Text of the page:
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In 30 minutes Wong Kar-wai leads us through erotic, urban landscapes and silent, cigarette-smoke longings. All in a day's work for everyone's favorite art-house superstar.
Strangely, it is with the release of the short film “The Hand” -- as the first third of the omnibus film Eros -- that Wong Kar-wai has achieved the kind of superstar auteur status among American critics normally reserved for directors like Michelangelo Antonioni and Steven Soderbergh -- the film’s other two contributors. When In the Mood for Love came out in 2001, there were still critics who knew Wong by reputation only. However, since then, there's been a glorious Criterion DVD, a DJ Shadow music video, a stunning BMW Films contribution, 2046 -- which was the talk of Cannes 2004 -- and suddenly, Wong wasn’t just Hong Kong’s notorious enfant terrible; he was a world master, a household name in every household that cared about Cinema with a capital C.
What’s most stunning about Wong’s short piece in Eros isn’t that it’s a great work (which it is); it’s how embarrassingly flimsy Soderbergh and Antonioni’s pieces look in comparison. As a result, all the big American reviewers have come to the same conclusion: that among the three, only Wong seems to know what he’s doing, while the other two are simply amateurs, an amazing thought given that Soderbergh’s Out of Sight and Sex, Lies, and Videotape are modern classics and Antonioni’s L’Avventura and L’Eclisse would make any list of the greatest artworks -- let alone films -- of the 20th century. So it’s official: Wong Kar-wai has arrived.
I have to say though, the hoopla around Wong’s sudden critical embrace is more moving than “The Hand” itself, which, while impressive and emotional, is minor, coming off as a short riff off of familiar tunes -- an easy and obvious 30 minutes of greatest-hits Wong Kar-wai. Gong Li is a prostitute of sorts and Chang Chen is her young infatuated tailor. Glares of longing, nostalgia-inducing '30s Shanghai songs, wordless gestures, godlike-beautiful faces, glamorous Chris Doyle cinematography -- you know the drill: the film sets your heart a’ skipping and your blood a’ bubbling, and you’re left breathless. It all works, but it's just as you expect from the great world master. This time, the mesmerizing shots are of Chen and Li’s hands abstractly caressing each other, of the two pairs of eyes drifting awkwardly toward mirrors instead of to each other, and a scene of subtle erotica that steals the show. The issue of disease adds to the sensual restraint, no doubt derived from the on-location anxieties over SARS in 2003. Chen and Li’s emotional tango is classic Wong, and for that reason, somewhat disappointing.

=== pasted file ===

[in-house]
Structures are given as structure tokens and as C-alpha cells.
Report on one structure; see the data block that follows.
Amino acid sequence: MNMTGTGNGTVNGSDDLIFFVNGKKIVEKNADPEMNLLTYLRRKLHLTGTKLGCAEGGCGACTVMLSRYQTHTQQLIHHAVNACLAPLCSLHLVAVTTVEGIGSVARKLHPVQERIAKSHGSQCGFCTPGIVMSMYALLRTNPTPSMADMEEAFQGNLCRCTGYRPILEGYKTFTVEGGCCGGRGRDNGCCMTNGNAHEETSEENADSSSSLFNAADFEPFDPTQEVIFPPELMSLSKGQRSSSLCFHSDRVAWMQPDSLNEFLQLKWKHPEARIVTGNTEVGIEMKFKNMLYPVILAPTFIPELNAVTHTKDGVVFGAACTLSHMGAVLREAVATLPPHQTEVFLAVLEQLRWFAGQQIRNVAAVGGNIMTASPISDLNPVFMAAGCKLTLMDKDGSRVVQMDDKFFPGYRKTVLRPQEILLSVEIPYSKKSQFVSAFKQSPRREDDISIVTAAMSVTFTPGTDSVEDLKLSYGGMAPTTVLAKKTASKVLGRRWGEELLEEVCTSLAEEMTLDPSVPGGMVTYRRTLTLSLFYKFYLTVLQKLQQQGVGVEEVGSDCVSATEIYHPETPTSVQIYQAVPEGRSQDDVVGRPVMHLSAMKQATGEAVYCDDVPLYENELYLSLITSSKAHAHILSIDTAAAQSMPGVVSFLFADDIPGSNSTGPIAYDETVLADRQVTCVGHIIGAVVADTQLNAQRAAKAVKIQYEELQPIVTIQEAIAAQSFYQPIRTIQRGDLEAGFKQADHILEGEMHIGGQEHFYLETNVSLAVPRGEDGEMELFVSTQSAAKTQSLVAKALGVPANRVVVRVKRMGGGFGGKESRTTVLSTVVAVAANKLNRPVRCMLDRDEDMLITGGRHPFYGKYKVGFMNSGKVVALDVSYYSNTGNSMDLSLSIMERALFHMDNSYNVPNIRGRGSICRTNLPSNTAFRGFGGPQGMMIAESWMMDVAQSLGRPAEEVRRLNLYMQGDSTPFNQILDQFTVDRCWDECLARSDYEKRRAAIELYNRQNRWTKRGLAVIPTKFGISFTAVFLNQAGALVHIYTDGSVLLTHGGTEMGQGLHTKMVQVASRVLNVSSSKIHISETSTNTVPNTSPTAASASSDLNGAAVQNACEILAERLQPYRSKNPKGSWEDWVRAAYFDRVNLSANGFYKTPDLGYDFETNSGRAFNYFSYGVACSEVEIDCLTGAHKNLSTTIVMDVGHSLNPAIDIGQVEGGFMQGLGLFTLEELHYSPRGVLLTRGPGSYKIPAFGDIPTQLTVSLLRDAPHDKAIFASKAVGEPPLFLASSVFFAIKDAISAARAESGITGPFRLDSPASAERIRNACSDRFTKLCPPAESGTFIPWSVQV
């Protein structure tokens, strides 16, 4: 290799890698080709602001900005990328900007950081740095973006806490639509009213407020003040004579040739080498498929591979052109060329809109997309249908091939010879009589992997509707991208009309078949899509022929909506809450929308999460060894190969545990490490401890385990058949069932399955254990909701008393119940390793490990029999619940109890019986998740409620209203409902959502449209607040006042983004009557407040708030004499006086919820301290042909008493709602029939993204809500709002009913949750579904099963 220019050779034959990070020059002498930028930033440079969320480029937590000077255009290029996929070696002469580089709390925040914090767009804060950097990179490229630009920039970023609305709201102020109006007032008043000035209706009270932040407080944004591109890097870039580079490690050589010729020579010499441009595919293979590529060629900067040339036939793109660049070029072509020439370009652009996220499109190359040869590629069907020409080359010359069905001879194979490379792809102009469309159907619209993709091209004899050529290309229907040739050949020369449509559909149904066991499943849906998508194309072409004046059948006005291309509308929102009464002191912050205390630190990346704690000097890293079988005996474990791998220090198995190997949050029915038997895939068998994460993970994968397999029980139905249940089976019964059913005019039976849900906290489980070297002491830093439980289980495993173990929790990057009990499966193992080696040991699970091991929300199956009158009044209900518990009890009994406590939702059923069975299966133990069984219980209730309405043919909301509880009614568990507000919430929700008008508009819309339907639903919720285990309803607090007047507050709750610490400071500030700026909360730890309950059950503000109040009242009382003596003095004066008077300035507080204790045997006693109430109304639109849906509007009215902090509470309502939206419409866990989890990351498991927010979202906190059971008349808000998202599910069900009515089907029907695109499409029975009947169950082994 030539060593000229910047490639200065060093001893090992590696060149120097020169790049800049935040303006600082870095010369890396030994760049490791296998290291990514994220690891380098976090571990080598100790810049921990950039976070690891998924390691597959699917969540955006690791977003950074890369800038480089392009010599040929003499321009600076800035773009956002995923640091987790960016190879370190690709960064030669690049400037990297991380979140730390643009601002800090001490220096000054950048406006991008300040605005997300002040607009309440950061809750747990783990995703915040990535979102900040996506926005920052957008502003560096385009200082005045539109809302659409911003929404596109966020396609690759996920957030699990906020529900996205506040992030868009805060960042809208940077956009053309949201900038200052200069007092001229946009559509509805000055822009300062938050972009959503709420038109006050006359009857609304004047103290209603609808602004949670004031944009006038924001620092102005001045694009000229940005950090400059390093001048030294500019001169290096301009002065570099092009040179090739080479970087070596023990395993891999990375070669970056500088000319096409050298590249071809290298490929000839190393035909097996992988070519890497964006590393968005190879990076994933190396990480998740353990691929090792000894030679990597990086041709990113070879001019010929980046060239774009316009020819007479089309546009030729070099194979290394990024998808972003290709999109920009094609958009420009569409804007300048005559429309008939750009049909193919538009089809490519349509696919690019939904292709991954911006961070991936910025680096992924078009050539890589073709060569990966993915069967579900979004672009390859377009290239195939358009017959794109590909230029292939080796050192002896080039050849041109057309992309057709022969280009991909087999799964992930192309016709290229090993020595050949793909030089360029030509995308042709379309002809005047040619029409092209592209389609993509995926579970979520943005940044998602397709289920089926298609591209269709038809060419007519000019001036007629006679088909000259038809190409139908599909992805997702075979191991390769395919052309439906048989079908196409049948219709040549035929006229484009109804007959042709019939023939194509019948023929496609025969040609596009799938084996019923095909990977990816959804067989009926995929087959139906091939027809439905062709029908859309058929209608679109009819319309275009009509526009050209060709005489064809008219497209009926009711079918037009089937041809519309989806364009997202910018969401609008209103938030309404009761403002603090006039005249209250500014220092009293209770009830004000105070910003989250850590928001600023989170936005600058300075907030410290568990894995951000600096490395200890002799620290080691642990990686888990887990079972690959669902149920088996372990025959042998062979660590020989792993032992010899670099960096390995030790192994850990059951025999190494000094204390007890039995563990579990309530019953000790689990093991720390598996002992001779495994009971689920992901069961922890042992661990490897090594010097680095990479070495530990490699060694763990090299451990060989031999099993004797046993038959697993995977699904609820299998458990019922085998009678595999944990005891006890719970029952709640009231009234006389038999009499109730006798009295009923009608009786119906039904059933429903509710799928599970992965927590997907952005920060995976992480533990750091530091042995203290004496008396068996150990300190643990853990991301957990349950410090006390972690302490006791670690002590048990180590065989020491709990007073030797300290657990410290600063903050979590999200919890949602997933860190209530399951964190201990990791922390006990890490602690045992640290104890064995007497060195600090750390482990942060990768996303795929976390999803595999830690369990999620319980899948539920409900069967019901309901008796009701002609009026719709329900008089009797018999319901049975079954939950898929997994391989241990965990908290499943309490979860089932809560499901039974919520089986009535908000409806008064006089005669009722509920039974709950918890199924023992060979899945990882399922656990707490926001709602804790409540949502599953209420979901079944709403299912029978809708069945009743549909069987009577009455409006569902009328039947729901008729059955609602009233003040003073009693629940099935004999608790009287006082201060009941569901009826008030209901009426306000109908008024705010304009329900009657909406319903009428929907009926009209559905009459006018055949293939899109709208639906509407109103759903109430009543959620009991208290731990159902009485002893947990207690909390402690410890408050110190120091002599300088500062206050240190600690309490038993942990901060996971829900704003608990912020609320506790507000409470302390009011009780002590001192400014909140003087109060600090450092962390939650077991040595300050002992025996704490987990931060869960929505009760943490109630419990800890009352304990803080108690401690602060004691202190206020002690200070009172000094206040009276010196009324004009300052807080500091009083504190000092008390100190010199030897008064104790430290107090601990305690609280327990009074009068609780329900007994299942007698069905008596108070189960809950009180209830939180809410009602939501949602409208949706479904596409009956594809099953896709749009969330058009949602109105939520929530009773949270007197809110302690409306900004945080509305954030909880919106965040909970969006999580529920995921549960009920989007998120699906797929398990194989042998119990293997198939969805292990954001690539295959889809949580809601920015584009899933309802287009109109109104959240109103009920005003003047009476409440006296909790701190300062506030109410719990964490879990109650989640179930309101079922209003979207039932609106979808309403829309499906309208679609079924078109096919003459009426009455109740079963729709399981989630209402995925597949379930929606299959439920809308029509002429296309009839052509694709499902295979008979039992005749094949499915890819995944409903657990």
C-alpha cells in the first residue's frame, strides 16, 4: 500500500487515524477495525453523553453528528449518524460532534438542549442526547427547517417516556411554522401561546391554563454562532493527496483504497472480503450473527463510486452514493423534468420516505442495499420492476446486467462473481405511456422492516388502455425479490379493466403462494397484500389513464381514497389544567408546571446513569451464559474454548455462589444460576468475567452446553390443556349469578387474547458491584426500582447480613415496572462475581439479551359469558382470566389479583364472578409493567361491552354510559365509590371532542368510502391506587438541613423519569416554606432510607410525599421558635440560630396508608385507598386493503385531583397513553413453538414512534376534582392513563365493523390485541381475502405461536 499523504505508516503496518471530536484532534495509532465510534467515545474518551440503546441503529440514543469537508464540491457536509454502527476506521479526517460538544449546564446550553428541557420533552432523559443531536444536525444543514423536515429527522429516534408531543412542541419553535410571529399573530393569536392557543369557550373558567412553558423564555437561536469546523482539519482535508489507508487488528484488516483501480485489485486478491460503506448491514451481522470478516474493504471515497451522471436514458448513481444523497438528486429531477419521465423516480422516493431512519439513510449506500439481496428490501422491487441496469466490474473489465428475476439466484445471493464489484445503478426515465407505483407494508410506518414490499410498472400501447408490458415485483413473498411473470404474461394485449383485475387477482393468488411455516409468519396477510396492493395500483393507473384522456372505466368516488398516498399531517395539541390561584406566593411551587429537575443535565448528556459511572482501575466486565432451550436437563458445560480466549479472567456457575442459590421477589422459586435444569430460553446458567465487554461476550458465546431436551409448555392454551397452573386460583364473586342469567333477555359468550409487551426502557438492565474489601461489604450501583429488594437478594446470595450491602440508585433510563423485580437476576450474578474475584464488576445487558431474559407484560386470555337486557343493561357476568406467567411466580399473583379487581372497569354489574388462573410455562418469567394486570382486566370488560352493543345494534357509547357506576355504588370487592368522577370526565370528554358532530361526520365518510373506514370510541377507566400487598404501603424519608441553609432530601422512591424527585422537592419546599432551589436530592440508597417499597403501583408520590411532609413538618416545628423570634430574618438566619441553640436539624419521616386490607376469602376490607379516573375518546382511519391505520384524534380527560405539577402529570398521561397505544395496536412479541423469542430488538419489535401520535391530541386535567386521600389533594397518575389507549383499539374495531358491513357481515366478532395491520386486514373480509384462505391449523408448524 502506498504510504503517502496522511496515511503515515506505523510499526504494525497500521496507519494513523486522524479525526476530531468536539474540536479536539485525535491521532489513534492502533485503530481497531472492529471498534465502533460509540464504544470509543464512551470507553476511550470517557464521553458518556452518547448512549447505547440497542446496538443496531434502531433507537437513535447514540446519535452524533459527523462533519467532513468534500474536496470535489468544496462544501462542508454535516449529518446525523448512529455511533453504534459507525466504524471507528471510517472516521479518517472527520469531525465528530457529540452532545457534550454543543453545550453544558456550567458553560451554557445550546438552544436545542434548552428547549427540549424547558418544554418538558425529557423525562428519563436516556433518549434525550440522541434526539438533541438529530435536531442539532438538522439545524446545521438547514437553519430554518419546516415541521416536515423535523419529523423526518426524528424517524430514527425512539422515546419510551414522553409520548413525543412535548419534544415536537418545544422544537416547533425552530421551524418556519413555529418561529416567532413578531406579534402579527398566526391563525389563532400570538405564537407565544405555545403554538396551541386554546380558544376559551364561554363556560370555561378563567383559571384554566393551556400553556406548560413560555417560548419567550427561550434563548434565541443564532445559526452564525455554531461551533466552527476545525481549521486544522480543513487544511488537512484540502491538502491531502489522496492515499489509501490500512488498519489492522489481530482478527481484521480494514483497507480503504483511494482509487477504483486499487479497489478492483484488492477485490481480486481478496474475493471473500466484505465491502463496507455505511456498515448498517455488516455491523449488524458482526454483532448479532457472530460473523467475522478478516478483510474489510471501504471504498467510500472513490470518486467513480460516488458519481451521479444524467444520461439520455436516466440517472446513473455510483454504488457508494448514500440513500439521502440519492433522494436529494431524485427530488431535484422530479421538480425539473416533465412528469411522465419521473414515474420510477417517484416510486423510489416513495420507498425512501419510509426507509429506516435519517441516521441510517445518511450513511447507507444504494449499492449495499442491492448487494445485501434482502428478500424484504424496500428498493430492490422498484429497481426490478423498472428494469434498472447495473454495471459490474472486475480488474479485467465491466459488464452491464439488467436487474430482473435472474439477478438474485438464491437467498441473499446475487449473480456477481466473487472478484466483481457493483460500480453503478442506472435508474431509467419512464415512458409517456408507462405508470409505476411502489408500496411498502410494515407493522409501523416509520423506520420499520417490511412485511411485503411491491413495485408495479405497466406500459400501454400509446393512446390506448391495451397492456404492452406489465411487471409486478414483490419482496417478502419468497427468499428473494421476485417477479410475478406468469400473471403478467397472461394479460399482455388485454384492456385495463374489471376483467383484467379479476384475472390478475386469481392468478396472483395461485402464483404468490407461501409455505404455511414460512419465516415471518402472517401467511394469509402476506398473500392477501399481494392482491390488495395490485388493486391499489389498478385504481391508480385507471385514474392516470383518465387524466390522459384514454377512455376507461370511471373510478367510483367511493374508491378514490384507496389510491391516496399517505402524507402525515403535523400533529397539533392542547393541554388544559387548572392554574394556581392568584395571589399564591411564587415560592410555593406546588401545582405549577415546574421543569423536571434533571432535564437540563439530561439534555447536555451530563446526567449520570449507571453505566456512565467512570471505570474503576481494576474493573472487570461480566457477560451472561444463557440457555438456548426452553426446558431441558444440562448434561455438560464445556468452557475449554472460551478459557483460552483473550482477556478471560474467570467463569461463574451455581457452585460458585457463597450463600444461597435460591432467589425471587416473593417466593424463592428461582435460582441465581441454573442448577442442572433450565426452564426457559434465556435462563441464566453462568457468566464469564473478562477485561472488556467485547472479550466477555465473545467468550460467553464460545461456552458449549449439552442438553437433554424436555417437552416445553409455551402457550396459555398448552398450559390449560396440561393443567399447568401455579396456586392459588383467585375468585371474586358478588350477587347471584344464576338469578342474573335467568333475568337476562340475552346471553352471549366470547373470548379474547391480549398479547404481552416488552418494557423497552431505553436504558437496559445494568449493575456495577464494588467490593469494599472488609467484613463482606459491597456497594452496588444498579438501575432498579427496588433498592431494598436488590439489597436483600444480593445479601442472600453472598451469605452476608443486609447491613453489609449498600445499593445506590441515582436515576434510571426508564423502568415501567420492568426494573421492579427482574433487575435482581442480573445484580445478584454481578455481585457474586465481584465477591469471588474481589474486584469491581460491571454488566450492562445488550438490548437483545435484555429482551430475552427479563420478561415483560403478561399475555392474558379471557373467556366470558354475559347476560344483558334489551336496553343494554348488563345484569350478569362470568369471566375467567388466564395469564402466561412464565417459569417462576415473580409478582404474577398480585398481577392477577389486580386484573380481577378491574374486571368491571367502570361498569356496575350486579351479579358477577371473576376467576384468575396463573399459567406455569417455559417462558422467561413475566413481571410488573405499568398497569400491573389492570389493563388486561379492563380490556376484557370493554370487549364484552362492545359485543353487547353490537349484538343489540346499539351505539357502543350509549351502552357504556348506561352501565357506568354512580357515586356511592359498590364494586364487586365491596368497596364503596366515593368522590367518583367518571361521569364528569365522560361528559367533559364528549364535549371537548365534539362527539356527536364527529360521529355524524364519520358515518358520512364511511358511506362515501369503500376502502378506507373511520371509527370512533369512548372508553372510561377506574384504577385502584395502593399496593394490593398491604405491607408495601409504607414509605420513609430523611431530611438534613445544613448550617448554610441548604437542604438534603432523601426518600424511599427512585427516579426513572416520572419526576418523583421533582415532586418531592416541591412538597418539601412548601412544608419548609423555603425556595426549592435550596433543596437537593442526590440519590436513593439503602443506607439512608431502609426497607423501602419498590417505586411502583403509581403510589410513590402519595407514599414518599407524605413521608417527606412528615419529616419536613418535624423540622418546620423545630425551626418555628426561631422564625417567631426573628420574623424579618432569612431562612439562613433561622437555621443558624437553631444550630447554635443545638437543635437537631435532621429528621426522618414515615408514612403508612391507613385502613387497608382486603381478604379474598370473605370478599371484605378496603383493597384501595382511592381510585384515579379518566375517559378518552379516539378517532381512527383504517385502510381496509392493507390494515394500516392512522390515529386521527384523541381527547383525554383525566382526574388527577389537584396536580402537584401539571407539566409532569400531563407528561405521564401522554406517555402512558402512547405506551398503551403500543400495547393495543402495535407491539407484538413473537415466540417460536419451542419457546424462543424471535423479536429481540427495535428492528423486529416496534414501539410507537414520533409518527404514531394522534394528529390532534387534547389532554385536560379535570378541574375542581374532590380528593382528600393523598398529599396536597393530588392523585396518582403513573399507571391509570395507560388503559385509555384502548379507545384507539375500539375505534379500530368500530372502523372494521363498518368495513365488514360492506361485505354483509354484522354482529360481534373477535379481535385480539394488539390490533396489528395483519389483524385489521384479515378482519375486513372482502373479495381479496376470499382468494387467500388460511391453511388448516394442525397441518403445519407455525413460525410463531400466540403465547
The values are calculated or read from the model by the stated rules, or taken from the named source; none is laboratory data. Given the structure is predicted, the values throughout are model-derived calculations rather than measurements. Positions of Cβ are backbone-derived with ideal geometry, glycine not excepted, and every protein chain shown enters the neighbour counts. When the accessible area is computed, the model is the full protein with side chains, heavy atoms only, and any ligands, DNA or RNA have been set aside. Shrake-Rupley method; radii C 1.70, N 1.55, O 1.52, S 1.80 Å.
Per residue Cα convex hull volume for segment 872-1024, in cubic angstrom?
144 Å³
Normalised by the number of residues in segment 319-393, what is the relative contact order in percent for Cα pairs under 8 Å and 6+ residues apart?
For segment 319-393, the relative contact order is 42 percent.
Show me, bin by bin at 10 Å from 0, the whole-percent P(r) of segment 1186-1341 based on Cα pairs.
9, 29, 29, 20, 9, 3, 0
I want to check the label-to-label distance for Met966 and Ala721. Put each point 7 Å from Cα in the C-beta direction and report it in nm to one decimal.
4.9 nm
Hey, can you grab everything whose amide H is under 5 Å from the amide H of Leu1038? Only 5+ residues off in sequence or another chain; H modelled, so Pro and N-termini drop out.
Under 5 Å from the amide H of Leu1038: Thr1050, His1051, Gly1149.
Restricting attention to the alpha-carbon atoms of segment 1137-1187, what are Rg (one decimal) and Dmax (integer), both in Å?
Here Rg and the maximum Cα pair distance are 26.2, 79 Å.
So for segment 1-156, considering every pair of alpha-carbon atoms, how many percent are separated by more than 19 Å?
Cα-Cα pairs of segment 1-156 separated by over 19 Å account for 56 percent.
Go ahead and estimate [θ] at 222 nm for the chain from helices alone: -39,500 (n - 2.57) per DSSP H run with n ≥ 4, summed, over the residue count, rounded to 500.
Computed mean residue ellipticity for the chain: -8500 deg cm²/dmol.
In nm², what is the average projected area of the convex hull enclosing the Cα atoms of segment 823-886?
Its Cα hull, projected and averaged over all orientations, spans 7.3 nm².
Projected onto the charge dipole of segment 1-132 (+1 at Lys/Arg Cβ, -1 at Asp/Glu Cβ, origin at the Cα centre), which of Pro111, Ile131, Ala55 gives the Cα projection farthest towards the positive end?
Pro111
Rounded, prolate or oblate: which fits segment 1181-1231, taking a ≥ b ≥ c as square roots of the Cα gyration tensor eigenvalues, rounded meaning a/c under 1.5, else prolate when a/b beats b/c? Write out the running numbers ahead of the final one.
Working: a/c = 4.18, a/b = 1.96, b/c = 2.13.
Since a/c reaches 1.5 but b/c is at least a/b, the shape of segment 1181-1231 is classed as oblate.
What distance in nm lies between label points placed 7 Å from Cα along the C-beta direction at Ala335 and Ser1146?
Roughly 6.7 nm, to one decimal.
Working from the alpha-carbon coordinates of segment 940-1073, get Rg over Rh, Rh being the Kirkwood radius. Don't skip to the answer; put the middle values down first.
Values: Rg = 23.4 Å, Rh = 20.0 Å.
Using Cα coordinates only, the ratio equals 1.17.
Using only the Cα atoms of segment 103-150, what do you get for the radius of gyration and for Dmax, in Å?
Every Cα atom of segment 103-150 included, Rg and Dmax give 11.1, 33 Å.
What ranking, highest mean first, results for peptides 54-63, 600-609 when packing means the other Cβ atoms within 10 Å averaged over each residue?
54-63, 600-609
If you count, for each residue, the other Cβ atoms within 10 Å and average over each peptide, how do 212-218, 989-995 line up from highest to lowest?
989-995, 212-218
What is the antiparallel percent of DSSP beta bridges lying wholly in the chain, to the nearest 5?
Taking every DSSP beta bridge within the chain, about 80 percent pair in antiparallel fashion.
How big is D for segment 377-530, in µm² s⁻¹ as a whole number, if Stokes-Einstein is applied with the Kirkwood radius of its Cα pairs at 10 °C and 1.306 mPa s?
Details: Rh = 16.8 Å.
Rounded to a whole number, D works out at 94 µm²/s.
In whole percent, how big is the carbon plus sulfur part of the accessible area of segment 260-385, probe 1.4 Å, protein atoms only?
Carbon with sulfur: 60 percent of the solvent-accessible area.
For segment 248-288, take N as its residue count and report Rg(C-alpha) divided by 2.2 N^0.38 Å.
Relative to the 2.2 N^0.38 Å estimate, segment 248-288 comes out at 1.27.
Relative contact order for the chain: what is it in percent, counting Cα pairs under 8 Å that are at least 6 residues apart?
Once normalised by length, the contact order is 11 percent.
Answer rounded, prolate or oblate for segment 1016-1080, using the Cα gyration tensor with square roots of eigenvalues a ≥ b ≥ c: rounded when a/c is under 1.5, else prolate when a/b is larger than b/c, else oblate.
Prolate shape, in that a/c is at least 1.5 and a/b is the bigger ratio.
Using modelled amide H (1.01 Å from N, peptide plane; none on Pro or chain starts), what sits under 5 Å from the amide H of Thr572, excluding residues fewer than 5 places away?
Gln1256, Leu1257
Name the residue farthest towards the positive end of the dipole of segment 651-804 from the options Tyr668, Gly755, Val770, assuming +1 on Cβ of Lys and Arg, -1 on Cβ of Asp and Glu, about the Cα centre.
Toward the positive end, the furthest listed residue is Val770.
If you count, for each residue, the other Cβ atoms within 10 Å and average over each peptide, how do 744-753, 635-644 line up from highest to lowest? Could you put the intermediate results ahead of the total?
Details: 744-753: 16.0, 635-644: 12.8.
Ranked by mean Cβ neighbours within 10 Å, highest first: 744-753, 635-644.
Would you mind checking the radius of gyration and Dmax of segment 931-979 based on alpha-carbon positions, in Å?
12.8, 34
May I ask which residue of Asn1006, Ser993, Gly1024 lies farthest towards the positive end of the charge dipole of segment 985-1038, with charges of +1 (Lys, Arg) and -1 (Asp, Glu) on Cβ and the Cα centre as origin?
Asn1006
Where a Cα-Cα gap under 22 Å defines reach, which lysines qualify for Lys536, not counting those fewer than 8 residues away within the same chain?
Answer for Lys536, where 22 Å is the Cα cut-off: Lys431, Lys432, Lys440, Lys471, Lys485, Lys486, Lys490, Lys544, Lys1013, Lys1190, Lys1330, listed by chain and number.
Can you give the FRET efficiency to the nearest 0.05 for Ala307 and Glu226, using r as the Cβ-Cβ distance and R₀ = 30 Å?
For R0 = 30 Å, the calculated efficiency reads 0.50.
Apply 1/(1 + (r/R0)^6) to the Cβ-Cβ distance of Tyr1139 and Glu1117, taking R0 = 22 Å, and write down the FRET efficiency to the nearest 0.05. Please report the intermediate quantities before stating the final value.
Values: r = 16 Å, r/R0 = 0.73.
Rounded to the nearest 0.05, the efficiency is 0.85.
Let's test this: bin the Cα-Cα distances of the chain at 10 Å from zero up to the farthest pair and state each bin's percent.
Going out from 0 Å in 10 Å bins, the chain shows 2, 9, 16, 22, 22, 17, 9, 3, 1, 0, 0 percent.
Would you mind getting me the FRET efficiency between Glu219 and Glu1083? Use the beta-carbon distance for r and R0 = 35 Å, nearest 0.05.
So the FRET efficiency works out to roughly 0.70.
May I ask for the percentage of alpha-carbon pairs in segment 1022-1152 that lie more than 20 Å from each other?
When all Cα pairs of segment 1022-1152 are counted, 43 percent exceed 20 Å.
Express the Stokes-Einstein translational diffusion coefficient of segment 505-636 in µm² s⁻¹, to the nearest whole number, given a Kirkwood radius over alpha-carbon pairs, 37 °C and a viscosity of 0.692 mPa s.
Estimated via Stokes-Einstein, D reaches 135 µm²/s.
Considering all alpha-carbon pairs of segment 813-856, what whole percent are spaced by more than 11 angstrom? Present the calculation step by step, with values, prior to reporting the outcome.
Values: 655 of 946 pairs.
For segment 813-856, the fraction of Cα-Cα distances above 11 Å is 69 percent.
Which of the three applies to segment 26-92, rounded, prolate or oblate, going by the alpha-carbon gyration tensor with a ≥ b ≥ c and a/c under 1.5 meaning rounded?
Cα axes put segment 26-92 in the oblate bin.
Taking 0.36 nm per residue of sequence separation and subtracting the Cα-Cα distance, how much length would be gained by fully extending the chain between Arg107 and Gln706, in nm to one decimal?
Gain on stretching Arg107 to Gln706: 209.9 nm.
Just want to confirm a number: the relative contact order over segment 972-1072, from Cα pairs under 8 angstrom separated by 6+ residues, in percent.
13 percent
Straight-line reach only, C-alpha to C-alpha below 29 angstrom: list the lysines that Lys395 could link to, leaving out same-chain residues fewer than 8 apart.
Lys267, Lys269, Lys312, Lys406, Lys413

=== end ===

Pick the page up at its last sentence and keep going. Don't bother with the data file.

I’m sure my reaction is pure backlash -- that grimy gut reaction whenever a favorite cult director is suddenly in the critical mainstream -- and I’m sure that after Wong surprises us with something utterly different (like that upcoming Nicole Kidman feature), I’ll better appreciate the merits of “The Hand.” While I doubt that I’d ever accuse the notoriously uncompromising Wong Kar-wai of selling out, maybe it’s a good thing that I can now get this gripe out of my system.
Date Posted: 4/14/2005